From the moment we heard the pre-show announcement made specially by the cast, we knew that we were in for a treat with Made in Dagenham! Based on the real-life events of the Ford sewing machinists strike of 1968, this lesser-known show was a breath of fresh air to The Core stage.
“It’s an age-old story”. A quote from one of the songs from this lively up-beat score is absolutely correct! Equality, fair pay for all and standing together for what you believe in are as relevant today as they were back in 1968 and the passion that Solihull On Stage brought to the story was breath-taking. Every member of the cast worked hard as a team and told their part of the tale with conviction and expression.
Co-Directors Dani Godwin and Sarah Golby (who was also the choreographer) had clearly drilled the cast well in some imaginative staging with an extremely large cast and should be thoroughly proud of what they have achieved. The show was slick, fast-paced and energetic! The set was basic but functional and allowed for quick scene changes. Maybe there were one or two moments when the scenes could have faded into each other without the need for blackouts and stage crew but that is more a matter of personal preference.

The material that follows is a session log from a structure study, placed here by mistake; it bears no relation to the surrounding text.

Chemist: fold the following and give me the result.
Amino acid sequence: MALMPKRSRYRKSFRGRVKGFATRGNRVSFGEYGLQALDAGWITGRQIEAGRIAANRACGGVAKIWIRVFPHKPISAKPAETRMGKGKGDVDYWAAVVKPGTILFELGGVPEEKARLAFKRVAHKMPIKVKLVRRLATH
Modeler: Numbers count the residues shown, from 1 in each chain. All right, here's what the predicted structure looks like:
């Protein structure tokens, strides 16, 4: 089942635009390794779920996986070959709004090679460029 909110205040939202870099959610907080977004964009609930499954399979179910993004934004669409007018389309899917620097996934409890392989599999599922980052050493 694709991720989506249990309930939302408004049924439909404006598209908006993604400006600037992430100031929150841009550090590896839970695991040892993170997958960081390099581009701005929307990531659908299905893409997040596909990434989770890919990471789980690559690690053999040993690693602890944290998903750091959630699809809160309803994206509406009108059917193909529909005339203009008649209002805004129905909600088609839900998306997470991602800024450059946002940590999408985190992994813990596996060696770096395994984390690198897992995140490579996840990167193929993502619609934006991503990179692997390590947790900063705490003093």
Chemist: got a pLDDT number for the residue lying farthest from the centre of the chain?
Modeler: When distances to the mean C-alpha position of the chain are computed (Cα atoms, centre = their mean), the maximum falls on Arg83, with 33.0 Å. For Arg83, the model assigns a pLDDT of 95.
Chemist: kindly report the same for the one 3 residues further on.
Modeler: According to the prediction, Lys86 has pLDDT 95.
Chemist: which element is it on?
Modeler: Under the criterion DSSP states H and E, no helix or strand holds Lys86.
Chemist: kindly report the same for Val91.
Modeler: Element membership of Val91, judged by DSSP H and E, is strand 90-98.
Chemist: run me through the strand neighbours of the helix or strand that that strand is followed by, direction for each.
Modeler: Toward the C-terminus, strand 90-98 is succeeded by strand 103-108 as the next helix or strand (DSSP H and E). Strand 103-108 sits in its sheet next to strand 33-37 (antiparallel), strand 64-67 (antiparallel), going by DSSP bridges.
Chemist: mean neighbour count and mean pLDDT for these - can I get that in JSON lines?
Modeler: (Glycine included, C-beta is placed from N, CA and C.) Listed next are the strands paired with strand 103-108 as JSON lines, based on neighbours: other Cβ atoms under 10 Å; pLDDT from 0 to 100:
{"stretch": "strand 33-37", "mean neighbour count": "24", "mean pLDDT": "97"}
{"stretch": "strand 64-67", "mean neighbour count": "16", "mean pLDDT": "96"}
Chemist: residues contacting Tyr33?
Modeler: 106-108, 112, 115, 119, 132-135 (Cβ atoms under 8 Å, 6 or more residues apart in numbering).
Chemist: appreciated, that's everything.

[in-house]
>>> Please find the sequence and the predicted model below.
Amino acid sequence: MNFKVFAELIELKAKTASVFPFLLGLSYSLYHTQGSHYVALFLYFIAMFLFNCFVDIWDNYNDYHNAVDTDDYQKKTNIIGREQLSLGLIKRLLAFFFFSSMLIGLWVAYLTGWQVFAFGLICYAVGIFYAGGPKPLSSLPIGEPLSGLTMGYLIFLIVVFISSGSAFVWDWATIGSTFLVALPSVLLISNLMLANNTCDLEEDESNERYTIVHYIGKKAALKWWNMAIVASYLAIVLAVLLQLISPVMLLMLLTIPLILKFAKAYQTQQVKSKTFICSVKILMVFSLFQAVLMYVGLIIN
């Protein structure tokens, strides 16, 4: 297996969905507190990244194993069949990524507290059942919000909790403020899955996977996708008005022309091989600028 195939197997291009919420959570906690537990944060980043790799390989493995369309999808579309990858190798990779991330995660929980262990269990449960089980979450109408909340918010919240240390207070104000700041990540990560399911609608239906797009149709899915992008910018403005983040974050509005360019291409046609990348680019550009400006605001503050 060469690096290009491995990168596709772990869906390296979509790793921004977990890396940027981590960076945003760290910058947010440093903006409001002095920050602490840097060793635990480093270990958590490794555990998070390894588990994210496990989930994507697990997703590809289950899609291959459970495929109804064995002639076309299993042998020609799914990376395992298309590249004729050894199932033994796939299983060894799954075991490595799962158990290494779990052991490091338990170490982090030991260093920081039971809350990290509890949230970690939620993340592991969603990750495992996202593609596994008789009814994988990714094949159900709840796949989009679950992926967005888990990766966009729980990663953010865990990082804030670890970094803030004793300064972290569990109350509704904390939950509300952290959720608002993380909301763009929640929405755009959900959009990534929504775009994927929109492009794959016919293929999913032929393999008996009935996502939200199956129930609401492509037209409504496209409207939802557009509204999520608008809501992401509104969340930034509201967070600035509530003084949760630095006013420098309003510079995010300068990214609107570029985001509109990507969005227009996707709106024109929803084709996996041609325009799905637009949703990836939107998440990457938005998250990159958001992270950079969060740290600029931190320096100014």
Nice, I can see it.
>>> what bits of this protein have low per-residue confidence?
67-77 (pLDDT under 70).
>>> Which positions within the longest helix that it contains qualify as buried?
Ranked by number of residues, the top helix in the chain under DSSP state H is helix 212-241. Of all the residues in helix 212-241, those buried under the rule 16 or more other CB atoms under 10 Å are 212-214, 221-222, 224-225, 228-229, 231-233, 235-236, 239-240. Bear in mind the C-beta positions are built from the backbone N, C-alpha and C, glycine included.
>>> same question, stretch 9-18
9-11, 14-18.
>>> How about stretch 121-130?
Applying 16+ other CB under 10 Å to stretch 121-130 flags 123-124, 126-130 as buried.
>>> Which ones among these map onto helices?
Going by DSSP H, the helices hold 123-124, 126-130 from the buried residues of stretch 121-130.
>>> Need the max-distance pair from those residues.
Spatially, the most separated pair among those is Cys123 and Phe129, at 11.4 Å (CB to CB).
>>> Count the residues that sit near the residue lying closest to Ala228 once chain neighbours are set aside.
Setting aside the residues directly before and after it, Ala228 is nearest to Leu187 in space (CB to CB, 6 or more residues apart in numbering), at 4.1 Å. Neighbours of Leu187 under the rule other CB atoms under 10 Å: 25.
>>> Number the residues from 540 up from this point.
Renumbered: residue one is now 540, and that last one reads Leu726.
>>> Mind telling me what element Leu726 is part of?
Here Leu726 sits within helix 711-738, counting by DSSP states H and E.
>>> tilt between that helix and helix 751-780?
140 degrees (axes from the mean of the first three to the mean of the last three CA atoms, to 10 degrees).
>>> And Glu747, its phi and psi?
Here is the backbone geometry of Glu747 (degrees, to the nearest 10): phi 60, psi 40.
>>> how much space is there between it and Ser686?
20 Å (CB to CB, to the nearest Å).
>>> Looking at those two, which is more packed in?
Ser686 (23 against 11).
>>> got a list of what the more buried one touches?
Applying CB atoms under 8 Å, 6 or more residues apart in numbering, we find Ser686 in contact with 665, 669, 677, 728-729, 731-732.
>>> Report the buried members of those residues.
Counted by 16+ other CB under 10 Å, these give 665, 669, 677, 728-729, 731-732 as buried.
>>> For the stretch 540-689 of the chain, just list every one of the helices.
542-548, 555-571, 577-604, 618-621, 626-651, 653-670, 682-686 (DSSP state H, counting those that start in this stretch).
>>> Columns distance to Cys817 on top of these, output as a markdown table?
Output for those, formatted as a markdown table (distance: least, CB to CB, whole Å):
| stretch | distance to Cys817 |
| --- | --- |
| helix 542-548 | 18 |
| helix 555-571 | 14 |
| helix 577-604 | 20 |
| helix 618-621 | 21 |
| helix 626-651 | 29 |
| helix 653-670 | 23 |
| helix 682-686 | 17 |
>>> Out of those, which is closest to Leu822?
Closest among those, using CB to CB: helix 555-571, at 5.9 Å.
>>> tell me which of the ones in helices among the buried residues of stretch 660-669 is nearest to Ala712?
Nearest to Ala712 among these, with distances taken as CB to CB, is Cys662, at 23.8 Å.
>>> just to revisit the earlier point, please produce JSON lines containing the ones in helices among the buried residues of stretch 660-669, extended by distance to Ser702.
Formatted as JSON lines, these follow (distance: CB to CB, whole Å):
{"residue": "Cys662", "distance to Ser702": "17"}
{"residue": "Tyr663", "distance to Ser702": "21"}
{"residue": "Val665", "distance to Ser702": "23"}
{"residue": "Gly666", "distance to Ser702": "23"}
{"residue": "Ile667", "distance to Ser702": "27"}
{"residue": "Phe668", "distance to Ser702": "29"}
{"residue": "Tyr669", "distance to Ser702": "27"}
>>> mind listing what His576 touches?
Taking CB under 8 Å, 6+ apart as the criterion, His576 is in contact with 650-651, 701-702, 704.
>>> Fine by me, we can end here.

Sue Lyons (Rita O’Grady) shone as the leader of the women strikers and showed both passion for her cause and yet a vulnerability when realising what an impact the strike was having on the lives around her. She was excellent paired with Sam Turner (Eddie O’Grady) whose performance of The Letter, both vocally and emotionally, brought the house down. It is virtually impossible to single out the excellent supporting roles of the various workers, factory girls, civil servants and management but Nichola Willetts (Beryl) added some hilarious moments, demonstrating excellent comic timing and Zoe Taylor (Clare) performed Wassname with a real sense of character. Simon Chinery (Harold Wilson) and Suzanne Brittain (Barbara Castle) were a fantastic pairing with faultless accents, comic timing and excellent characterisations whilst Adam Scott (Mr Tooley) made a few of the audience gasp with his portrayal of the rather ruthless and un-PC American boss!
Mel O’Donnell (Musical Director) led a tight band and had clearly worked hard with such a large chorus to create some excellent harmonies. Unfortunately, the balance at times between the band and singers was slightly out and some technical issues with the microphones on opening night meant that we lost some important lines and humorous punch lines. However, this did not stop the audience from being thoroughly entertained with a fresh, vibrant production of such an uplifting story.
Solihull On Stage have a real success on their hands and Made in Dagenham runs until Saturday 28th April at The Core Theatre, Solihull.
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